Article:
Valve Defends New Wild West Approach to Steam Content, Says They’re “Not the Taste Police”

Nathan Birch
Steam Remote Play Together

Steam has officially gone full Wild West. Valve’s content curation has become increasingly lax in recent years, but after receiving significant blowback for removing several X-rated visual novels from Steam, they threw their hands up, saying they’ll now sell anything that isn't “illegal or straight-up trolling.” Unsurprisingly, a lot of folks, and some competitors like, criticized the move, saying Valve is providing a platform for ugly, malicious, and exploitative content. For their part, Valve insists their new hands-off policy means they’re no longer judging content and that offensive games published on Steam are not a reflection of their values.

Since their “Anything goes!” announcement, Valve hasn’t had much more to say on the topic, although, it seems they’re eager to defend the move when talking to developers. Valve’s head of business development Jan-Peter Ewert spoke to indie devs at last week’s White Nights industry conference, and his presentation touched on the new content policy (thanks to Michael Kuzmin for posting the slideshow to Twitter). Ewert hinted the change was largely due to the sheer amount of stuff coming out on Steam – in 2012, around 5 games hit Steam per week, and now it’s approximately 180 per week. Over 13.5 million new customers from a diverse array of backgrounds have arrived on Steam just this year, adding another layer of complexity to curation.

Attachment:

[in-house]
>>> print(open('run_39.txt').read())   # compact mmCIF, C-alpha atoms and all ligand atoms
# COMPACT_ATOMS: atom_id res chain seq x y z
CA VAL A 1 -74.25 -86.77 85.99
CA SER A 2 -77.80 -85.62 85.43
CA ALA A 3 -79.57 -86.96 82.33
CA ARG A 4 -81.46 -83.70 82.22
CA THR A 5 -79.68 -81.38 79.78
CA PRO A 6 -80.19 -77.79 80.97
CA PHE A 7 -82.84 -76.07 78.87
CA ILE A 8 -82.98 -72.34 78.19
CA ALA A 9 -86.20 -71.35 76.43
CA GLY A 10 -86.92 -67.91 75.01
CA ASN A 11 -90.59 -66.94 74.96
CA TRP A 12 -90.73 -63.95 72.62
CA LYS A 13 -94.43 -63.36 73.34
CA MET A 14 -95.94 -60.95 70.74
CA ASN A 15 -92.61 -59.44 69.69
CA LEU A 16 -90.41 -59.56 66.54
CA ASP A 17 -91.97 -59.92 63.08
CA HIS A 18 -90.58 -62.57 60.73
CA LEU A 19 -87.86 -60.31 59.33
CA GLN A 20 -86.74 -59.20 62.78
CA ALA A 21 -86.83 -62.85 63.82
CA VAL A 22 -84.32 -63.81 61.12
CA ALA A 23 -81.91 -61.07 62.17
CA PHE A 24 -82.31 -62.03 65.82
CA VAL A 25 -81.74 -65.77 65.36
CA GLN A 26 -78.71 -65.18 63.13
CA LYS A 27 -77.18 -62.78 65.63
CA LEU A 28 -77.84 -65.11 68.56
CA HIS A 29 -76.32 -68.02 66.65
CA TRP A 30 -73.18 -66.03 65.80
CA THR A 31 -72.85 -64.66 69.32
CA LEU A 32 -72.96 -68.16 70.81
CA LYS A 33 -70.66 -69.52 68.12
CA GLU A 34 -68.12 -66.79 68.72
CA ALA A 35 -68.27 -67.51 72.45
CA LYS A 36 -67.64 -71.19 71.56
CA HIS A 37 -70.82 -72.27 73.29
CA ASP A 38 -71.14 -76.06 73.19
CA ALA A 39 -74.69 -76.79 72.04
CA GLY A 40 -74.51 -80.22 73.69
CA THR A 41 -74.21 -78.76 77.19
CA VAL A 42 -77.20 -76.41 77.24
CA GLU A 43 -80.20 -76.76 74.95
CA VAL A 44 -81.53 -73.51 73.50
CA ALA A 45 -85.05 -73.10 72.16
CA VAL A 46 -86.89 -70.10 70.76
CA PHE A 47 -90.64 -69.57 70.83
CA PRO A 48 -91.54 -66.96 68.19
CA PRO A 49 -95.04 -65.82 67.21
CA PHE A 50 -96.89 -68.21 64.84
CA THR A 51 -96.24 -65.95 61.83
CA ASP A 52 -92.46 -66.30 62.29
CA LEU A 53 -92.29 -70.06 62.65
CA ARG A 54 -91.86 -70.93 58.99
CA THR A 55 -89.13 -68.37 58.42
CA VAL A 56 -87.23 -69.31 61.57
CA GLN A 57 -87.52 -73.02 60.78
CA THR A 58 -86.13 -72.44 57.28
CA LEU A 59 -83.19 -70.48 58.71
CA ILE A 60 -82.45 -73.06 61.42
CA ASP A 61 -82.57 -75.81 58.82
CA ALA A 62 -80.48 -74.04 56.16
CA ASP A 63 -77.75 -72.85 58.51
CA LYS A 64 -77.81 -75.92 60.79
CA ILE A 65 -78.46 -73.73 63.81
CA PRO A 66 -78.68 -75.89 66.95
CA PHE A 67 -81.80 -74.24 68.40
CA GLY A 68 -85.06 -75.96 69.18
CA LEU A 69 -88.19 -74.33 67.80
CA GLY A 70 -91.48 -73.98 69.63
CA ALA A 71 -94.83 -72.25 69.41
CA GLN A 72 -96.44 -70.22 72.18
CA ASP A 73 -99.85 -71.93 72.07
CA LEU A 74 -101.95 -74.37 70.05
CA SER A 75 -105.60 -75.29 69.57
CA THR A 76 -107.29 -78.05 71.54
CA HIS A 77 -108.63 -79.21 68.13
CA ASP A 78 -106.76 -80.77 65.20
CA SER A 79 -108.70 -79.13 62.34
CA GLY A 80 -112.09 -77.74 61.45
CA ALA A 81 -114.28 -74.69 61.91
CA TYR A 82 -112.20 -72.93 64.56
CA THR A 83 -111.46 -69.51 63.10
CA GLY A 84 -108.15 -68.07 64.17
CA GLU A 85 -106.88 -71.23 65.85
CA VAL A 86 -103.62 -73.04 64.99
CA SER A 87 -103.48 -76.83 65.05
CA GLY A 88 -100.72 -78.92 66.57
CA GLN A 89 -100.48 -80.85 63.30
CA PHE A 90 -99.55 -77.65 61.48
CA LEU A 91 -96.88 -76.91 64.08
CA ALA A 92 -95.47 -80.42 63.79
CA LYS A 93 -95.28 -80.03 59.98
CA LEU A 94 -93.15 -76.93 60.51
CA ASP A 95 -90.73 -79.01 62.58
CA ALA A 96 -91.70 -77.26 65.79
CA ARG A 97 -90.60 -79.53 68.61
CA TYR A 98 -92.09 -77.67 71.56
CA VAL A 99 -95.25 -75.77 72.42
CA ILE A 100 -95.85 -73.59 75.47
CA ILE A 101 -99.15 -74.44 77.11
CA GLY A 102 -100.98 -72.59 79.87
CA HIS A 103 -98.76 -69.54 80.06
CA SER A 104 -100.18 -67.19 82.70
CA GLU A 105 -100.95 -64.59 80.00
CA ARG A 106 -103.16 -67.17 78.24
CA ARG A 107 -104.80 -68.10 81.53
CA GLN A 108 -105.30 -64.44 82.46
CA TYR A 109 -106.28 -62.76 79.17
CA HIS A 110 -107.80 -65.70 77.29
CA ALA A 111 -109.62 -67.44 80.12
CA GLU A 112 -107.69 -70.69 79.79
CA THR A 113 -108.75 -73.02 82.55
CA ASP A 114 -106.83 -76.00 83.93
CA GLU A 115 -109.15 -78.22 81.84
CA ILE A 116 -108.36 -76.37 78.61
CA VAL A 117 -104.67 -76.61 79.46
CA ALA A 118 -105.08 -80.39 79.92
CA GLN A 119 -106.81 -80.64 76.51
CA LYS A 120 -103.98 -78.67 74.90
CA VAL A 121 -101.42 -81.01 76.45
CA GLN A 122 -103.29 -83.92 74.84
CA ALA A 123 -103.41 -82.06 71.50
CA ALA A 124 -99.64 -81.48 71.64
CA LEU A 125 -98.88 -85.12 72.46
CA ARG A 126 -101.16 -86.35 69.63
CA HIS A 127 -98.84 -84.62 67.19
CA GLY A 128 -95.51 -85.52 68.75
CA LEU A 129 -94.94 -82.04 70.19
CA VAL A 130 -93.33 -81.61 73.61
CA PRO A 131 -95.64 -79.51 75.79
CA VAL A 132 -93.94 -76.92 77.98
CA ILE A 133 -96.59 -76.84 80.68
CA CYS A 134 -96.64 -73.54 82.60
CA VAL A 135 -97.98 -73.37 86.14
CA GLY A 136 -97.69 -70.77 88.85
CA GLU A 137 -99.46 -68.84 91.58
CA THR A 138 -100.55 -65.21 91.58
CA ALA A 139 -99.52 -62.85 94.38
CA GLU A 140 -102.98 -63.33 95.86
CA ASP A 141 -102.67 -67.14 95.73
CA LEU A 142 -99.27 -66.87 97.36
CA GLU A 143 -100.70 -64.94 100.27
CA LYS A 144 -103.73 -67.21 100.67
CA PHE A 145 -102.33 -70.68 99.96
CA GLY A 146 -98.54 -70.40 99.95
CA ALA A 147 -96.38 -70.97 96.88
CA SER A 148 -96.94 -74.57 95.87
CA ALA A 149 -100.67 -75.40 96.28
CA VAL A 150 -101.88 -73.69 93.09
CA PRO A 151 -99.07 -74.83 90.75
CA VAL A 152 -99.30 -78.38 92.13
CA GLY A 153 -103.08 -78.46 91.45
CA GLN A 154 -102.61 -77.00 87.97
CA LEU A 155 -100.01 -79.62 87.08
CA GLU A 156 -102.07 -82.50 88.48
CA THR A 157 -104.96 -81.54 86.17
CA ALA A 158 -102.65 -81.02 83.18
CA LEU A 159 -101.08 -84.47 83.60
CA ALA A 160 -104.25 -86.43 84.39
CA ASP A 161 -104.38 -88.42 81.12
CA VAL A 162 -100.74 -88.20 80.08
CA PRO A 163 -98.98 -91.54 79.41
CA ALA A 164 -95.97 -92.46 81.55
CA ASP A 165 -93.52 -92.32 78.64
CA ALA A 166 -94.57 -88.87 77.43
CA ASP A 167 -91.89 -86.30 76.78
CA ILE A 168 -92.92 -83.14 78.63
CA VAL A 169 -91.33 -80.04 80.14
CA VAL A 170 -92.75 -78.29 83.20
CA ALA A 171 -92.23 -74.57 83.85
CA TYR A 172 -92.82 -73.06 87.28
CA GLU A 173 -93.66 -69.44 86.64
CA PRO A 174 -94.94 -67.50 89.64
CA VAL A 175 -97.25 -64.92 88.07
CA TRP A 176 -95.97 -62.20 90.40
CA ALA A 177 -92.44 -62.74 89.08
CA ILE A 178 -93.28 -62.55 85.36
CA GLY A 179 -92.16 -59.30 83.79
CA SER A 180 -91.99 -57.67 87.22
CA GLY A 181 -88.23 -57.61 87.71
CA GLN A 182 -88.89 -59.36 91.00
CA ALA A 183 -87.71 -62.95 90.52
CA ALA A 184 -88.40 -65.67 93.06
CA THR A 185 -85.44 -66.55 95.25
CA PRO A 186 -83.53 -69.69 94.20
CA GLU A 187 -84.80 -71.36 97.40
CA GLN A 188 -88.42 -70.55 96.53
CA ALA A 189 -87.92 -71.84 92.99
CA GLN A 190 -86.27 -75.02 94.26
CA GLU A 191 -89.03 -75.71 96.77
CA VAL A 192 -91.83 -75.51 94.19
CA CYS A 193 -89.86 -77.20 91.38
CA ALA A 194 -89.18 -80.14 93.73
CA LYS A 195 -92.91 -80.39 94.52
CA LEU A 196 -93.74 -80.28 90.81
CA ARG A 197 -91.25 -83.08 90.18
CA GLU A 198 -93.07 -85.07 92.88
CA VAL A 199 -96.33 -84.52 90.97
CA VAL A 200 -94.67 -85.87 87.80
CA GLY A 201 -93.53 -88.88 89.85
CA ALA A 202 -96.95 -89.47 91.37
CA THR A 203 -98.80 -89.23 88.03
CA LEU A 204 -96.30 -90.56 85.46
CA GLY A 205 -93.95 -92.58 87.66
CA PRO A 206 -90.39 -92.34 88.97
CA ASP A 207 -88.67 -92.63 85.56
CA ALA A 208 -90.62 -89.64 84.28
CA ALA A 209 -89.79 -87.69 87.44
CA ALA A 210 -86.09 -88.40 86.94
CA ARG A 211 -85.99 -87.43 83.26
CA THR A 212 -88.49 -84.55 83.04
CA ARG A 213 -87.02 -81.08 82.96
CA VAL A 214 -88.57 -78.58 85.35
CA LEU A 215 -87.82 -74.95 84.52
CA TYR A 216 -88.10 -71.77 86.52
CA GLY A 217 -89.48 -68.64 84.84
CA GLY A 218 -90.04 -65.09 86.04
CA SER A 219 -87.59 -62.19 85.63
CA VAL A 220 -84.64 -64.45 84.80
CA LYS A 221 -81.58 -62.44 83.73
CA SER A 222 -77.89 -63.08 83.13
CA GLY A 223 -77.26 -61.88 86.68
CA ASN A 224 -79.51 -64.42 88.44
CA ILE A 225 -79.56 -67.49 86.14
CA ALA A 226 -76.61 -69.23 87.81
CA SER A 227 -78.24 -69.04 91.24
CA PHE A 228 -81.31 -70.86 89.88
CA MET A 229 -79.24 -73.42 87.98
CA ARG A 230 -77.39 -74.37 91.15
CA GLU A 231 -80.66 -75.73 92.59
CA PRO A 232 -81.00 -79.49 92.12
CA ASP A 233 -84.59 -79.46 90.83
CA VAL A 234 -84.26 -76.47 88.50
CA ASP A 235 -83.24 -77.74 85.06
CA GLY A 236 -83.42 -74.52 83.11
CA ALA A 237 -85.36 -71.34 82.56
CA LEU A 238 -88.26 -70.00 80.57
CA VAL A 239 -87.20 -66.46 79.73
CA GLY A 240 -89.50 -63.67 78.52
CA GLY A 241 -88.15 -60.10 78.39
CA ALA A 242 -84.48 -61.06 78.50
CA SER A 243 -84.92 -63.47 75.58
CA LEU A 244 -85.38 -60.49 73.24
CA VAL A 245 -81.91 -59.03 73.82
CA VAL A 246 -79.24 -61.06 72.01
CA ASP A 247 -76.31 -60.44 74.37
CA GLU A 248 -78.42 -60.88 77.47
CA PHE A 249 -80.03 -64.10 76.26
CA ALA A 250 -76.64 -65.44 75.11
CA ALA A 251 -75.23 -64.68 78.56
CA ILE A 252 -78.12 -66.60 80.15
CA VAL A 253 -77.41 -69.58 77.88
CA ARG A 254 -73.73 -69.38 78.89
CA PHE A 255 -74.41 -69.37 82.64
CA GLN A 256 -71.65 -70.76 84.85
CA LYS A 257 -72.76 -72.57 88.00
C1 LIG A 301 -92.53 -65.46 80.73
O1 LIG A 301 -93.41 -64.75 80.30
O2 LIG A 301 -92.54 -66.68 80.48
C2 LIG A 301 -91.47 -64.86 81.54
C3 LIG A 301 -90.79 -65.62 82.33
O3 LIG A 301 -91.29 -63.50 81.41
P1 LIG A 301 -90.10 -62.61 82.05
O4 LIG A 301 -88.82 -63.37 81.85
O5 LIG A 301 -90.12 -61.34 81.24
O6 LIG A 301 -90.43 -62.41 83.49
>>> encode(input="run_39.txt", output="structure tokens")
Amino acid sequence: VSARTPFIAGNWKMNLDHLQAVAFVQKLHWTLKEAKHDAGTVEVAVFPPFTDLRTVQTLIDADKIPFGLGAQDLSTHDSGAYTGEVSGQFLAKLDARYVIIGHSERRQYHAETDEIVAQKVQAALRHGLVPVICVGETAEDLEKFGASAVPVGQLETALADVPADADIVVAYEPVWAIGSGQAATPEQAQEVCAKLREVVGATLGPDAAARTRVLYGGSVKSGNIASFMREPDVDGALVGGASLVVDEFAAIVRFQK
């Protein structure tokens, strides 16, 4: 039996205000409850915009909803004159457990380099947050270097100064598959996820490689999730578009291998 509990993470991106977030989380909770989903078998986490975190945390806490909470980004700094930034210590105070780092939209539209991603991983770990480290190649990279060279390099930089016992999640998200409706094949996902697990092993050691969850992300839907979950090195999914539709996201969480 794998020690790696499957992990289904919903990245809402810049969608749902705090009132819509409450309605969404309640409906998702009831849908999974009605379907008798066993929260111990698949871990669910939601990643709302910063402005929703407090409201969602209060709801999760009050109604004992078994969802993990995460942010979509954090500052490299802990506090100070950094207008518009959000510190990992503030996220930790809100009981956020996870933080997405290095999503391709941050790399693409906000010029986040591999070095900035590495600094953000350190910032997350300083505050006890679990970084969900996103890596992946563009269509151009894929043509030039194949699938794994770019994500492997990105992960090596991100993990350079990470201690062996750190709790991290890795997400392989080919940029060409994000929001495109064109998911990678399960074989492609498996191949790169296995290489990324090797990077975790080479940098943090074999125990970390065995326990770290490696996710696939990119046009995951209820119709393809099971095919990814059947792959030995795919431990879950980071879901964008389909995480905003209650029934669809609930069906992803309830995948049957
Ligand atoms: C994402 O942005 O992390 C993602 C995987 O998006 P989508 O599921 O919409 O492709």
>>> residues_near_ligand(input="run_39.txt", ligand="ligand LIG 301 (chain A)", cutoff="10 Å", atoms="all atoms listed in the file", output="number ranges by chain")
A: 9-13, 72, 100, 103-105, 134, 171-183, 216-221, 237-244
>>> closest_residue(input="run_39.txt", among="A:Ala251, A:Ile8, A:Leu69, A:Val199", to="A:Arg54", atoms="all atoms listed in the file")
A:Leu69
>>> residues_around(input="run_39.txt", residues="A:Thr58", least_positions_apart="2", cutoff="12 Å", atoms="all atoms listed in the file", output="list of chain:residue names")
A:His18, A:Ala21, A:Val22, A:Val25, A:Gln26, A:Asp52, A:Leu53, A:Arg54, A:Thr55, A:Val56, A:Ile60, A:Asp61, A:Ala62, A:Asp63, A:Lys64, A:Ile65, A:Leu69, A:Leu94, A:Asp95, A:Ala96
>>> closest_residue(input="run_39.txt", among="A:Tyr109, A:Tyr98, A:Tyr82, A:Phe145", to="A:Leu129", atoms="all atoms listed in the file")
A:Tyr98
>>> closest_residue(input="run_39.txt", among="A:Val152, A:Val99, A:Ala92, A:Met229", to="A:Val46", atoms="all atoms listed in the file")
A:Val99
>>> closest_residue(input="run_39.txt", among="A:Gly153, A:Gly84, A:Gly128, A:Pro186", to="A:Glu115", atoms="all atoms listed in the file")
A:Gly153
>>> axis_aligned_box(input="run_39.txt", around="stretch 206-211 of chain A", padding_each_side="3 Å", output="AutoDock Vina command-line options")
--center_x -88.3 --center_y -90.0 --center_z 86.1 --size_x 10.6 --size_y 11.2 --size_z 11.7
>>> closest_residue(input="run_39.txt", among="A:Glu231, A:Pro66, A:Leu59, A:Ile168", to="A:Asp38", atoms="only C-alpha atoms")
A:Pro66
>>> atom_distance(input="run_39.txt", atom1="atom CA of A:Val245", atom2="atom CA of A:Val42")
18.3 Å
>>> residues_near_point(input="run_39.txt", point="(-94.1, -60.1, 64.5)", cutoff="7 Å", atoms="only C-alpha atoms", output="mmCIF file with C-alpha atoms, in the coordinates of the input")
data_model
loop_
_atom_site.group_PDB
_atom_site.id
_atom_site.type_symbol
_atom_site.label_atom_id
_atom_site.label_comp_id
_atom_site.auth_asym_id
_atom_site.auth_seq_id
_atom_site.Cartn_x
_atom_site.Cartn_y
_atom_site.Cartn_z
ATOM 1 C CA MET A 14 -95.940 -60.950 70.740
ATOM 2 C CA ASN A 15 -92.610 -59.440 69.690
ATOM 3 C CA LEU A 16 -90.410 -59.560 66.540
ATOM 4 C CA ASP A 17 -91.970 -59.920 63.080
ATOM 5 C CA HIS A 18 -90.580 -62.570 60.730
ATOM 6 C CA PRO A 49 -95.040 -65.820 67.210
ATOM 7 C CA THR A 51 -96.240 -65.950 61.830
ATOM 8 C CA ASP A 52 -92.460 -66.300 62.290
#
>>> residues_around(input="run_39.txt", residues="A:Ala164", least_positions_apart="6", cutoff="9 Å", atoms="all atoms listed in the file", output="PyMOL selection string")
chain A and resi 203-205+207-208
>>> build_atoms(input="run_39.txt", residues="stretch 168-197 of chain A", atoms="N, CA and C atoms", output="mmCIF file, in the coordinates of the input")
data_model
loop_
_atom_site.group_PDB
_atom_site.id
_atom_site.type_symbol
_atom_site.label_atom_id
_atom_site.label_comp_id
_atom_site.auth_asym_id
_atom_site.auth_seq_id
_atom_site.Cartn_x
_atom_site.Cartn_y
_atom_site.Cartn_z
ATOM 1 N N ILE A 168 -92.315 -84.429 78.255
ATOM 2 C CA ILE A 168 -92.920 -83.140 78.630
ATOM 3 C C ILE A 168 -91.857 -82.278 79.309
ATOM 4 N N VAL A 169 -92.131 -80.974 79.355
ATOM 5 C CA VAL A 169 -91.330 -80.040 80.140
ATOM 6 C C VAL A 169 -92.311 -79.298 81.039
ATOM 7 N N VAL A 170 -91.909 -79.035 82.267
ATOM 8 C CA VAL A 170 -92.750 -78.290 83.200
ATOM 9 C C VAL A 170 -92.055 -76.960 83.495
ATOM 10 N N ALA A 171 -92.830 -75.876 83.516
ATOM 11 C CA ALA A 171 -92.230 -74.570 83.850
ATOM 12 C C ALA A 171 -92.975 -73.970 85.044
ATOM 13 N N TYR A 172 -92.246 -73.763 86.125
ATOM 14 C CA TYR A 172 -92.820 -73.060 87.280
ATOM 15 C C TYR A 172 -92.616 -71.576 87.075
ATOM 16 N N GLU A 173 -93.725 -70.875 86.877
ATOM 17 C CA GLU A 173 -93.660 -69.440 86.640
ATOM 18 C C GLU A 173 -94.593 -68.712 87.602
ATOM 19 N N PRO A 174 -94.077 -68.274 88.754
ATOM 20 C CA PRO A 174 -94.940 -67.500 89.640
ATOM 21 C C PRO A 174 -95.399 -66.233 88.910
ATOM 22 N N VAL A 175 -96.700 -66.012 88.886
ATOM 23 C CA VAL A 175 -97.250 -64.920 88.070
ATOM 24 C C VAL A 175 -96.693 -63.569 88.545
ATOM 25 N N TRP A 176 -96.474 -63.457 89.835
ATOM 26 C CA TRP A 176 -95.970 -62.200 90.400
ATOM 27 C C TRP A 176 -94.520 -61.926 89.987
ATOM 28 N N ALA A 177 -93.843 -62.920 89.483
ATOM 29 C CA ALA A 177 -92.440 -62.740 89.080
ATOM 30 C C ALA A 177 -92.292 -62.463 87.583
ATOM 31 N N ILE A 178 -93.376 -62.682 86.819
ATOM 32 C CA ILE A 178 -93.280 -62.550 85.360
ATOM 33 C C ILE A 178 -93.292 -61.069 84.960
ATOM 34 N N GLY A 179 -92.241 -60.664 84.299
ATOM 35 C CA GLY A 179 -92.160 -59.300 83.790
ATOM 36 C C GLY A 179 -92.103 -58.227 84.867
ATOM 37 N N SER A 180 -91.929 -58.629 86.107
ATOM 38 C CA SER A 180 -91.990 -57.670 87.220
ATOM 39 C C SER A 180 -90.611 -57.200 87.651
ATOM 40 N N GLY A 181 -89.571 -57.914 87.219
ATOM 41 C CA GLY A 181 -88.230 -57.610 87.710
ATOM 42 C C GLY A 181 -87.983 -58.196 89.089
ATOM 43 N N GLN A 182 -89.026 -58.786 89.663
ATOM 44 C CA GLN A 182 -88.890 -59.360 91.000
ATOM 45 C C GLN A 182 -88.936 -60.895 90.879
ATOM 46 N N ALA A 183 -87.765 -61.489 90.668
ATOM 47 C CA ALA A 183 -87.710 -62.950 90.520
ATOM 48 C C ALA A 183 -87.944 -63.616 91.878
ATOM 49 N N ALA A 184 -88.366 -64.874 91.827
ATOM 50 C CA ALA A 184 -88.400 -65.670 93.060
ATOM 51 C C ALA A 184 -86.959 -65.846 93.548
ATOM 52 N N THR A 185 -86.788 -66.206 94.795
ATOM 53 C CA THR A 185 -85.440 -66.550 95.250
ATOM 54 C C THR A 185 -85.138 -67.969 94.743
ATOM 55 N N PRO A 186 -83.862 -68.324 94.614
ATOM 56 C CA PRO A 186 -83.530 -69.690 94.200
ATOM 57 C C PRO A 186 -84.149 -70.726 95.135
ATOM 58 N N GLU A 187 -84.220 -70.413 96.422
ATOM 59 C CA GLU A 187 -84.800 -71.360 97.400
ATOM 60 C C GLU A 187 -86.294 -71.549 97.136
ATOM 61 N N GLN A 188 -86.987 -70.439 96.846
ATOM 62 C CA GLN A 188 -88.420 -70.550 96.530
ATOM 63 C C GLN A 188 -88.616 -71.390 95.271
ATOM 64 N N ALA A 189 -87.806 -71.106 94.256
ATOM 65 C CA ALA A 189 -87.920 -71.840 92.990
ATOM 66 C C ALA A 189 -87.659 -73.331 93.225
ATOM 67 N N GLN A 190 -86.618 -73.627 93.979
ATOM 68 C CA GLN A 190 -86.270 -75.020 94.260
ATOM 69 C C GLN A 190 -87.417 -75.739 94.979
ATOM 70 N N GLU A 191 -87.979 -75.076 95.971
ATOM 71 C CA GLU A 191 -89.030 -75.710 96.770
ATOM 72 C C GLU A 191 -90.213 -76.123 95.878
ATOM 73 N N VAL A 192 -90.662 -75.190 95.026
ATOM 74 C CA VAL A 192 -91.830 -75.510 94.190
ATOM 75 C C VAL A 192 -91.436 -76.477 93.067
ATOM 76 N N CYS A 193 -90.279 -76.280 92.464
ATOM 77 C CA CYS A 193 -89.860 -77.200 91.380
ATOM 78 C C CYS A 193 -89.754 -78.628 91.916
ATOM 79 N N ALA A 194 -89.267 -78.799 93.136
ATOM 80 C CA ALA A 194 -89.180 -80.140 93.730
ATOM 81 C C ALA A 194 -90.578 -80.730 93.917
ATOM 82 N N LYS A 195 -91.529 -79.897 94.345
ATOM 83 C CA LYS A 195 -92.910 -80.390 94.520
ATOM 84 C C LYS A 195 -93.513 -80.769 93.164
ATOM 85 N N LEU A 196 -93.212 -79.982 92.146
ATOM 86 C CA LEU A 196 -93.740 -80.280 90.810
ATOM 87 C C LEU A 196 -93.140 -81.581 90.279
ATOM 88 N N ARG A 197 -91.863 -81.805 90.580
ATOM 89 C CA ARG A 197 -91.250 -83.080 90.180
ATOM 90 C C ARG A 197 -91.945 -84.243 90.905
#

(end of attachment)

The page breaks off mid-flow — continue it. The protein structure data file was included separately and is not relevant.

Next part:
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Ultimately, Ewert pitched Steam as a “different kind of opportunity,” where the platform-holder don’t act as the “taste police” or pick winners and losers.

Whether you support Valve’s new direction or not, there’s no denying they provide a unique platform, and that the more-open approach seems to be paying off for them. That said, Steam is far from perfect – if Valve isn’t interested in curating the platform, they need to give their users more power to do so. Really, it’s the follow up that will determine whether the new hands-off policy goes down in history as a success or failure.

What do you think? Are you in favor of the Wild West approach, or is Steam turning into an ugly mess?

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